Unfortunately, this scene highlights what is the film's biggest flaw: how unlikable the Beth character is.  In interviews before making the film, Redford described his surprising casting of Moore by saying "I became interested in the dark side of Mary Tyler Moore", and while he sure found it,  I think he overdid it.  While there is a certain perverse pleasure in watching America's sweetheart play a villainess, the credibility of the film is hurt by it.   Moore does what she can with the role, but her perfect ice queen mother is often unbelievable: by the end of the film we learn that she never visited her son in the mental hospital, that she would rather go on vacation then spend time with him, that she has no intention of meeting with her son's psychiatrist, and that she even has trouble returning her son's hug!  Her coldness comes to a head in what is perhaps the film's low point: while on vacation with Calvin, she flies into a rage when her husband merely mentions her son's name.  Honestly, by the film's end, when Calvin tells her to leave, it's hard to believe he waited so long.  Furthermore, I find it strange that  the film never comes out  and says what the obvious motivation for her anger towards Conrad is: clearly, she loved Buck more than Conrad (we see evidence of this in a flashback), and she blames Conrad for Buck's death.  It seems odd that in a film that showcases people talking seriously about their feelings, this obvious point is never brought up and dealt with by the characters.  It's interesting to compare Moore's character with the one that Meryl Streep played a year before in KRAMER VS. KRAMER; while both of them are unsympathetic mothers, Streep's Joanna gives a speech at the end that explains her motivations, effectively humanizing her.  Moore's Beth has no such scene, and really, the only moment of sympathy we feel for her is when she  stands in her dead son's bedroom, forlornly gazing at old trophies and photos.  Other than that brief moment, she's pretty much a monster, too much so for my taste in what is an otherwise realistic film.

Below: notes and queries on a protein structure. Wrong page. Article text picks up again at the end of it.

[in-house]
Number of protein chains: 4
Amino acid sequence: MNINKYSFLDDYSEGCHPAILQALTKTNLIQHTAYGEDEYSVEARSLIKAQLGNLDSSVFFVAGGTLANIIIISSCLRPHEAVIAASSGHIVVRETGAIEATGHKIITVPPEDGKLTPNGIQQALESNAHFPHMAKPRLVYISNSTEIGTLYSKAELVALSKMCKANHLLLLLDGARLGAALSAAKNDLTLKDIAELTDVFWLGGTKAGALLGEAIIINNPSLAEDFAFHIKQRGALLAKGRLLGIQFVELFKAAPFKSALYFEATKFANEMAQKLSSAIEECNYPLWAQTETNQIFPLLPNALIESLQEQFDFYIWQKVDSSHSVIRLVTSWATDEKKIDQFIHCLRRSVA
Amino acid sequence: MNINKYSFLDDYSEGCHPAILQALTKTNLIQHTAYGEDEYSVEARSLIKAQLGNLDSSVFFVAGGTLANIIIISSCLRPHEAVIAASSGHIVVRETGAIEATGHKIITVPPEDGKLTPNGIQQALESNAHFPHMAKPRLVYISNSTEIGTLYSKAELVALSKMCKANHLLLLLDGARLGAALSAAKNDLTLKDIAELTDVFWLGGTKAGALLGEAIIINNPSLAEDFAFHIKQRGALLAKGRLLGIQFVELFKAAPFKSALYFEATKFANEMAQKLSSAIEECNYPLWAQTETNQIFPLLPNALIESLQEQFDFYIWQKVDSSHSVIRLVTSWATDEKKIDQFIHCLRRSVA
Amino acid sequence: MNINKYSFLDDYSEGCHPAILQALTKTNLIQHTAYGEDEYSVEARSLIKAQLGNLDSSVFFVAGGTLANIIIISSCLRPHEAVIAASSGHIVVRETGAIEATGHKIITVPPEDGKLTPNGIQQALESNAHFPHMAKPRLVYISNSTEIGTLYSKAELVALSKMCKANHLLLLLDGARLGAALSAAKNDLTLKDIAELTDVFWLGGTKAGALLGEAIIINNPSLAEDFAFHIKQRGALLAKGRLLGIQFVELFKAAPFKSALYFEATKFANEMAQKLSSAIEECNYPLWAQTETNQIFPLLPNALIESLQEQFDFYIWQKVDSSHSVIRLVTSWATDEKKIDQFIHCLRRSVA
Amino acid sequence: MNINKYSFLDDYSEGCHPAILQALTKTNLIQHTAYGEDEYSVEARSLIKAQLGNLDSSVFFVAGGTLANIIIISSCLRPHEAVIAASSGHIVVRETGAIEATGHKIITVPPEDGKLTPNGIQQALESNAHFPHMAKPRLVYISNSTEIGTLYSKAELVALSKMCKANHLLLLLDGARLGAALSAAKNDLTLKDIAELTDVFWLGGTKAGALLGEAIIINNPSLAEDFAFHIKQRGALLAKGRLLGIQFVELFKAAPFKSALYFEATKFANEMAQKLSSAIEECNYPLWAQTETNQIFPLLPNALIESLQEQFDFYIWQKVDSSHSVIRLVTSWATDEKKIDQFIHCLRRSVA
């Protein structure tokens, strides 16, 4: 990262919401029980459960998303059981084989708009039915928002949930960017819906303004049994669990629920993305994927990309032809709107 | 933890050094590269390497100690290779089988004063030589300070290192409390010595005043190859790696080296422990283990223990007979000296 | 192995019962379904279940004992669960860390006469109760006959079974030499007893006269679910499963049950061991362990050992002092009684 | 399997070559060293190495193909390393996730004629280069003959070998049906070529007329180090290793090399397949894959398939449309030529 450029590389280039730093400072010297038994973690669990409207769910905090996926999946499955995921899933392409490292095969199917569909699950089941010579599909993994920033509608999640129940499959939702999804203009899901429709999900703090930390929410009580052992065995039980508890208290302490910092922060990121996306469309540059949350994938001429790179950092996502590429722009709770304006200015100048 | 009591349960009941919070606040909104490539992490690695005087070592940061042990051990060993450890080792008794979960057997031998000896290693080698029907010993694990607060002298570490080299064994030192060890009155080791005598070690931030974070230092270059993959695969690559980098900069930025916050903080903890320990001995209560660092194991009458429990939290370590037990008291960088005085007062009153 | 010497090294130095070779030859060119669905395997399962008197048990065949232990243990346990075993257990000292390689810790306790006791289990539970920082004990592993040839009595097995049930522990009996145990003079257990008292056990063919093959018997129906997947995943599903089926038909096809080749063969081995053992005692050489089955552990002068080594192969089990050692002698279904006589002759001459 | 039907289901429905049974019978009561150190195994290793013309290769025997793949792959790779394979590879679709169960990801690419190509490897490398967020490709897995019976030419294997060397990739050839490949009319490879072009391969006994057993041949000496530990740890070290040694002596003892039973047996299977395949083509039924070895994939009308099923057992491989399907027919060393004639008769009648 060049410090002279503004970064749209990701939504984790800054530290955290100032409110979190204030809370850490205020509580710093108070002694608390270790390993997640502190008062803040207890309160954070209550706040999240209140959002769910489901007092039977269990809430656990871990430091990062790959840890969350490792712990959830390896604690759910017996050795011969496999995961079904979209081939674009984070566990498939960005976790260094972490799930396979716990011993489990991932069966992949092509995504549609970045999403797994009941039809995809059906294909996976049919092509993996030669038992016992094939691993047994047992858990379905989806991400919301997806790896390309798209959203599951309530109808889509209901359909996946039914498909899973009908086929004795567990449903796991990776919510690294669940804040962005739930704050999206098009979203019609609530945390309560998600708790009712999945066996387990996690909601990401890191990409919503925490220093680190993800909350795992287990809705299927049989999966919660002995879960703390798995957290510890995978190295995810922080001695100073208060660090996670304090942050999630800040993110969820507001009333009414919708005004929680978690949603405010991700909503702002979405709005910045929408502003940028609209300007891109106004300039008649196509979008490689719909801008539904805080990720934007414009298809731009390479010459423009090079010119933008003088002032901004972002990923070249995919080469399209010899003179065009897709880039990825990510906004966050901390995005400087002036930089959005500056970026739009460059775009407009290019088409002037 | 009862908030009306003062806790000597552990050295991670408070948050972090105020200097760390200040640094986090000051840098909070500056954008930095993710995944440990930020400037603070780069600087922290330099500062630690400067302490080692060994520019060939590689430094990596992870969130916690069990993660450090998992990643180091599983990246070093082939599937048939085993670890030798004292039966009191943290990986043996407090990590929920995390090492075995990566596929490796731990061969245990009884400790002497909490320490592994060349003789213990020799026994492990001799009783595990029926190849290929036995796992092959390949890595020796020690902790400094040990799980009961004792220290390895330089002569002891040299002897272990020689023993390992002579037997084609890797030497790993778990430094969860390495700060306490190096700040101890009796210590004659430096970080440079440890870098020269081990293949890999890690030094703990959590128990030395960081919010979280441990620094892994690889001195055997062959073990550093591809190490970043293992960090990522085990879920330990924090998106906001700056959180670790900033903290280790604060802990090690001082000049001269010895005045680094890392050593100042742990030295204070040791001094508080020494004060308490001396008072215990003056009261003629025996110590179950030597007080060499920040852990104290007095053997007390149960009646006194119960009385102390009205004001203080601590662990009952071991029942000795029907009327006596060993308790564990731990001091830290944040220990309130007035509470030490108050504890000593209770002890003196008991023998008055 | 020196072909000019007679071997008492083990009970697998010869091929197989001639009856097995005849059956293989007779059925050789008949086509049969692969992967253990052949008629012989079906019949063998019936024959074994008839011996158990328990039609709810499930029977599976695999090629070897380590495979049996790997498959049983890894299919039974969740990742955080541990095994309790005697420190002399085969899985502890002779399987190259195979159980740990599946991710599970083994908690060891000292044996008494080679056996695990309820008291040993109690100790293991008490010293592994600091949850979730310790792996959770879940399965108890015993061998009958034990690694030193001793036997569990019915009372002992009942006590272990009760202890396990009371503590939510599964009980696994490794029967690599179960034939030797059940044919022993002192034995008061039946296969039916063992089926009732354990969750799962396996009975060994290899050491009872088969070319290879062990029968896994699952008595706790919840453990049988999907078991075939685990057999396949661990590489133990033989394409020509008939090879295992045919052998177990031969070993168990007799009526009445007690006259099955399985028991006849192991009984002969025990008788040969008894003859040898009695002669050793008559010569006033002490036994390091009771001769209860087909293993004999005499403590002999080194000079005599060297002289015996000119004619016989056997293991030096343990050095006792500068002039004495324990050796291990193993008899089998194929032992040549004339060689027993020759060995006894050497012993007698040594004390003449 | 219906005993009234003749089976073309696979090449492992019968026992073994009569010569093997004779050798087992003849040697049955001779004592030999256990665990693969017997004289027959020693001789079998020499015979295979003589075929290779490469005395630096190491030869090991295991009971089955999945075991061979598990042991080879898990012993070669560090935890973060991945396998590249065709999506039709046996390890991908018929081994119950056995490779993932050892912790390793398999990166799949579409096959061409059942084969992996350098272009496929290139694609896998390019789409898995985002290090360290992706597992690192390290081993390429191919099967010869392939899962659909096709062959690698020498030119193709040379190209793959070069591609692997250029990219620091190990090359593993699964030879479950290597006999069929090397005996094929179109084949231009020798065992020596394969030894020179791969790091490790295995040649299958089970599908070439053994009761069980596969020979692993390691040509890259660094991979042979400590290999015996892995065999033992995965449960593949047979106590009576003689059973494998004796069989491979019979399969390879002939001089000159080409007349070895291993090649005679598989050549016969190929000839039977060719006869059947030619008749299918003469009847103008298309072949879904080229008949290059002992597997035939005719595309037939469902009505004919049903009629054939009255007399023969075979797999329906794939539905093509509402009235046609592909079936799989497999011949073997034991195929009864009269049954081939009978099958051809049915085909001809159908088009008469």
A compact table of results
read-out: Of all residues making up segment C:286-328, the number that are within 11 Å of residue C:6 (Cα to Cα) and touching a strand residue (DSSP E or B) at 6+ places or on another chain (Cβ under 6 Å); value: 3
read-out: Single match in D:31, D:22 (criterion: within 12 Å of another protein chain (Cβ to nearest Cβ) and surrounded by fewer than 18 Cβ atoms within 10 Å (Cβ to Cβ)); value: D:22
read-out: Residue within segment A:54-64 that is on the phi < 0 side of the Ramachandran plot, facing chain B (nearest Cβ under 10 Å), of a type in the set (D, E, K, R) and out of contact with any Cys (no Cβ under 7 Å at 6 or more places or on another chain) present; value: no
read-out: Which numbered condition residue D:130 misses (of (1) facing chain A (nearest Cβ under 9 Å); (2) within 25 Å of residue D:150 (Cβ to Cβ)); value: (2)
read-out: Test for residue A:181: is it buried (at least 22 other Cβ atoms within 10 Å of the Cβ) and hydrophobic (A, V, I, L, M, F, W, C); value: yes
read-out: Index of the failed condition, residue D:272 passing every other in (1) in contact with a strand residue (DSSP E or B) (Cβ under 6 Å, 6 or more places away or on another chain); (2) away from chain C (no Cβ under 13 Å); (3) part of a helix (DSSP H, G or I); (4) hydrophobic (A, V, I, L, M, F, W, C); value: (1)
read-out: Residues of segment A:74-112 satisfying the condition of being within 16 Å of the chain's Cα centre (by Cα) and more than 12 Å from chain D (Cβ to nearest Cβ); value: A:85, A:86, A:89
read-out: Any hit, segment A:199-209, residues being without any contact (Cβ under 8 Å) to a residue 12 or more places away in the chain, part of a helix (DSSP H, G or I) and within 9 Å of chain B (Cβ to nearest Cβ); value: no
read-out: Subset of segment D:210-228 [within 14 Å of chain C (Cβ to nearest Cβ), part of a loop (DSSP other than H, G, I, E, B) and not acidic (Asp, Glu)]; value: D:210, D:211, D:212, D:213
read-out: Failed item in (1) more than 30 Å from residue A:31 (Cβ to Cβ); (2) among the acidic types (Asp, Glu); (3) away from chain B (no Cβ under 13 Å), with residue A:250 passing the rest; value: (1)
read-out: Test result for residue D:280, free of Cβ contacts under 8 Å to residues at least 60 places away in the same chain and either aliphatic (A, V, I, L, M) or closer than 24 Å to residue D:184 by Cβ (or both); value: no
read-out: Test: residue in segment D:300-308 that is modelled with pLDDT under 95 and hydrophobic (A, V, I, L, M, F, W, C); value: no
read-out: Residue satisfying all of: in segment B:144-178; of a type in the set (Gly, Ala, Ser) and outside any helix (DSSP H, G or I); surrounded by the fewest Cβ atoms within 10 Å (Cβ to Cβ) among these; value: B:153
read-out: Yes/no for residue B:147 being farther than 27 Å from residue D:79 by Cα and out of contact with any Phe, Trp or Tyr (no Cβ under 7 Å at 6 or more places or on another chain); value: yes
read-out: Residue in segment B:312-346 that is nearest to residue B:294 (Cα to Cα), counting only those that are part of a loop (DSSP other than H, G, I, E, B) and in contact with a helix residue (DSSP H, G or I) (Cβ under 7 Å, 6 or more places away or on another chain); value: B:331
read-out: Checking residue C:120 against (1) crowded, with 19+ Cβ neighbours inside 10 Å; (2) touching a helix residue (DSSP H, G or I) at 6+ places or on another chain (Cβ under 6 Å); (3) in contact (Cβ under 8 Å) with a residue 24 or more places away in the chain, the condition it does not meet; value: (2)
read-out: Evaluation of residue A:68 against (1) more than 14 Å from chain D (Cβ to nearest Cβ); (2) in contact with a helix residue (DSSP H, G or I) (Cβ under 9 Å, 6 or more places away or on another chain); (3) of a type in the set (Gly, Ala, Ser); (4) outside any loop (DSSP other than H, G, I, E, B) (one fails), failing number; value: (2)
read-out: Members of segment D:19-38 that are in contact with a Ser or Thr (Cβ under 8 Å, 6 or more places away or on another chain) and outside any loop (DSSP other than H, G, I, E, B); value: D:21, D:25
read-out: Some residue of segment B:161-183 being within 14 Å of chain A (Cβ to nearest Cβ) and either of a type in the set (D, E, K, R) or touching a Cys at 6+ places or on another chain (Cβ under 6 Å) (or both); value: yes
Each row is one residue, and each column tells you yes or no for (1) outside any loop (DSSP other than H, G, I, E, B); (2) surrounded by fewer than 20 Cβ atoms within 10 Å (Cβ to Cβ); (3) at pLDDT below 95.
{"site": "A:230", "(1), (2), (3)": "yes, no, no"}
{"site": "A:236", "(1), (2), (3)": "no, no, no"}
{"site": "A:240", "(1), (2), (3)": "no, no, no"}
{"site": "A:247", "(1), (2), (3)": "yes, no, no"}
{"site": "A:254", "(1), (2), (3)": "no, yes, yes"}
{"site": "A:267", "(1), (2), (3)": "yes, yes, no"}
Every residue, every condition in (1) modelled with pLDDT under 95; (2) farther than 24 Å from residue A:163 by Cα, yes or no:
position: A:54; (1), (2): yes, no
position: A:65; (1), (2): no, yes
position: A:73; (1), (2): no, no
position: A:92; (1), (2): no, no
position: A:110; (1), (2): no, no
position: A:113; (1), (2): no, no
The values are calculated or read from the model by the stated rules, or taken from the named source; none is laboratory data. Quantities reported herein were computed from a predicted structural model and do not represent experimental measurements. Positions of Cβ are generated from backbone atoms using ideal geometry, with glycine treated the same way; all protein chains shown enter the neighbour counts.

Judd Hirsh and Timothy Hutton

While I think Moore's character hurts the film, it still has many moving moments that make it worth watching; this is mainly due to the excellent performance by Hutton.  It is likely that Redford cast him in the film because he saw a younger version of himself in the boyishly handsome, immediately likable nineteen year old actor, who carries the film handily (save for the aforementioned "barking" scene).  He seems to have that same quality that James Dean had in REBEL WITHOUT A CAUSE of being able to play a young man who often engages in foolish or dangerous behavior, but who is still essentially a good person with good intentions.   All of his interactions with Sutherland and Hirsch are very good (unlike Moore's character, the two men seem to radiate kindness and intelligence), especially in the film's most powerful scene when Conrad emotionally recollects the death of his brother with Hirsch in order to finally put it behind him.  He's also good in the film's lighter moments,  like when he romances Elizabeth McGovern or hangs out with his friends from school.  Yes, it's an impressive debut, one for which he won a best supporting actor award, even though he clearly is the lead.  
The smart thing that Sargent's script does is to mostly avoid unnecessary subplots, and overt melodrama; the story focuses  almost entirely on Conrad's mental state and how he, his family and his psychiatrist deal with it.  It's that rare Hollywood film in which the main character's goal is an entirely emotional one. I just wish that Moore's character could have had more sympathy; this is a story that should have no villain.

It's obvious that I find this film uneven, and despite Hutton's performance, I don't think that it was the best film of that year.  Not when Martin Scorsase's RAGING BULL was released the same year.  Unlike ORDINARY PEOPLE, RAGING BULL is a film that only improves with age.